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April 16, 2018
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President Trump's former golf caddy — a man with zero political experience — has, against all odds, risen to a top position in the West Wing.

Dan Scavino, who is an assistant to the president and director of social media, is the longest-tenured Trump employee in the White House, noted a sprawling profile of the man published by The New York Times Magazine on Monday. He is the architect behind many of the president's tweets, often tapping out 280 characters while Trump dictates, and previously served as an unofficial photographer during the campaign. Now that Hope Hicks, the former White House communications director, has left the administration, Scavino is one of the last "original" Trump team members and is closer with the president than ever, the Times Magazine reports. Scavino even took over Hicks' office after she departed at the end of March, just down the hall from the Oval Office.

Scavino was instrumental in framing Trump's campaign as "a movement," former chief strategist Stephen Bannon told the magazine. "He has his hands on the Pepes," Bannon said of Scavino, referring to the alt-right mascot "Pepe the Frog." Scavino has remained close with Trump due to his understanding of how to play to the president's base, officials told the Times Magazine, and often acts as a yes-man to placate Trump's ego.

Scavino is also the only aide allowed access to Trump's treasured Twitter account, and one source said that Trump and Scavino craft his tweets together, splitting the work 50-50. Because of how much Trump values his Twitter presence, sources say, Scavino's importance is unlikely to diminish, especially given his undying faithfulness to the president.

Scavino declined to be interviewed for the story. As a friend of Scavino's told the magazine: "Golf is a sport of the least mistakes. … That's how someone like Dan might float to the top — by not doing anything wrong." Read more at The New York Times Magazine. Summer Meza

2:02 a.m. ET

It's been to Norway, Germany, Sweden, and Iceland, and now the world's largest Titanic replica made entirely of Legos is coming to the United States.

The model — 24-feet long and five-feet tall — was built five years ago by Brynjar Karl Birgisson of Iceland. Birgisson, now 15, has long been fascinated by the Titanic, and when he was 10 decided he wanted to build a replica. He figured out how many Legos he needed, and then raised enough money to purchase them all. It took 700 hours over 11 months, plus 56,000 bricks, to build the model, which will now be on display at the Titanic Museum in Pigeon Forge, Tennessee, through 2020.

Birgisson is on the autism spectrum, and has written a book called My Autistic X Factor. He says everyone has an "X Factor," which is a special talent, and he was lucky enough to figure out his when he was 10. Building such a detailed model wasn't easy, but with "belief, a supportive system, and determination," anything is possible, Birgisson says on his website. Catherine Garcia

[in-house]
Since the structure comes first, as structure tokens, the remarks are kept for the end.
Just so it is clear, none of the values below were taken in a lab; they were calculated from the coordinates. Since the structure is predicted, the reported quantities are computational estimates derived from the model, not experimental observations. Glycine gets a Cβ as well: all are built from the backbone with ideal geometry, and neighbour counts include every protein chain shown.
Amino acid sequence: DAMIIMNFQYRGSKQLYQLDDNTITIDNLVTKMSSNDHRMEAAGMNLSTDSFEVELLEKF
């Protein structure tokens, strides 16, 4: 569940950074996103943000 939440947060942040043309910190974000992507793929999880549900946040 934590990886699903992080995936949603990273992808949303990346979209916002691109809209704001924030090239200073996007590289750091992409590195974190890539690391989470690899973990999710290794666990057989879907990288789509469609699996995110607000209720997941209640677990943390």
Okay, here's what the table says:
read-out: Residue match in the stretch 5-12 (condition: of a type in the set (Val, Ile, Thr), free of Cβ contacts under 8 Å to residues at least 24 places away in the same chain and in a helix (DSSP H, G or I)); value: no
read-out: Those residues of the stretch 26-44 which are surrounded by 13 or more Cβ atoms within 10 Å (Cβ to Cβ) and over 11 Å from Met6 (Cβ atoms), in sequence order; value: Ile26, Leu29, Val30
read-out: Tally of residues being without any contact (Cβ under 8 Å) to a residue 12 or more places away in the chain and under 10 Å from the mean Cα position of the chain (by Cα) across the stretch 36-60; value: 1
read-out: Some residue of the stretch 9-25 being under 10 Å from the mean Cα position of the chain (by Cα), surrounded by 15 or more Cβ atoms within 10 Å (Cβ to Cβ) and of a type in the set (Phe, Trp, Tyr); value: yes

1:39 a.m. ET
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The House needs a new chaplain, after Speaker Paul Ryan (R-Wis.) pushed out Fr. Patrick Conroy, and one of the Republicans leading the search committee, Rep. Mark Walker (N.C.), said Thursday that he wants a chaplain with a family — which would preclude Catholic priests like Conroy. "I'm looking for somebody who has a little age, that has adult children," said Walker, an ordained Southern Baptist minister.

Walker said he wasn't discriminating against Catholics, "but when you walk the journey of having a kid back home that's struggling or made some bad decisions, or when you have a separation situation or your wife's not understanding the [congressional] schedule, having somebody who's walked in those shoes allows you to immediately relate a little bit more than others." He added that he's "probably looking for somebody more of a nondenominational background, that has a multicultural congregation." Walker is leading the search committee with Rep. Tim Walberg (R-Mich.), a nondenominational ordained Baptist minister, and Rep. Doug Collins (R-Ga.), an Air Force Reserve chaplain and Southern Baptist.

The search committee's lone Democrat, Rep. Emauel Cleaver (Mo.) — a United Methodist pastor — said he was furious after Thursday's meeting and set up an appointment with Ryan. Some Catholic Democrats, like Rep. Gerry Connolly (D-Va.), called Walker's remark "anti-Catholic — on its face." Ruling out a chaplain from America's largest denomination may not have been what Walker meant, "but to any Catholic ears, that's what we heard," he said.

When House Speaker John Bohner (R-Ohio) was stepping down, "he invited the pope to speak before the House," noted Rep. Joe Crowley (D-N.Y.), and now that fellow Catholic Speaker Ryan is leaving, "he's asking only the second Catholic spiritual leader on the House floor to leave." The first Catholic House chaplain, Fr. Daniel Coughlin, was appointed in 2000 after Speaker Dennis Hastert's (R-Ill.) first choice, a Presbyterian minister, withdrew amid anger that Hastert had ignored the bipartisan committee's Catholic pick for chaplain, Fr. Timothy J. O'Brien. Peter Weber

1:19 a.m. ET
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Before he met Linda Brandt, Steven Ma didn't care about school — he regularly skipped class and never got an A.

Ma told CBS Sacramento he had been told by one teacher he was "the stupidest student" he had ever seen, leaving him with "no self-esteem, there was no self-dignity." Things changed when he entered Brandt's classroom. She was his 10th grade geometry teacher, and Ma said she pushed him to "see who I was. She made me discover what I could do."

Now, the Lodi, California resident is the CEO of Thinktank Learning, a college prep and tutoring company, and an international education liaison for California's Department of Education. In honor of the teacher who changed his life, Ma is offering two Linda Brandt Scholarships, each worth $15,000, for deserving students at Lodi High School. Ma said he wanted Brandt to know he was "forever thankful for her." Brandt is now retired, having taught for almost 30 years. "I had no idea that I actually had that sort of an affect on Steven and I'm just so proud of him for all that he has accomplished," she said. Catherine Garcia

12:26 a.m. ET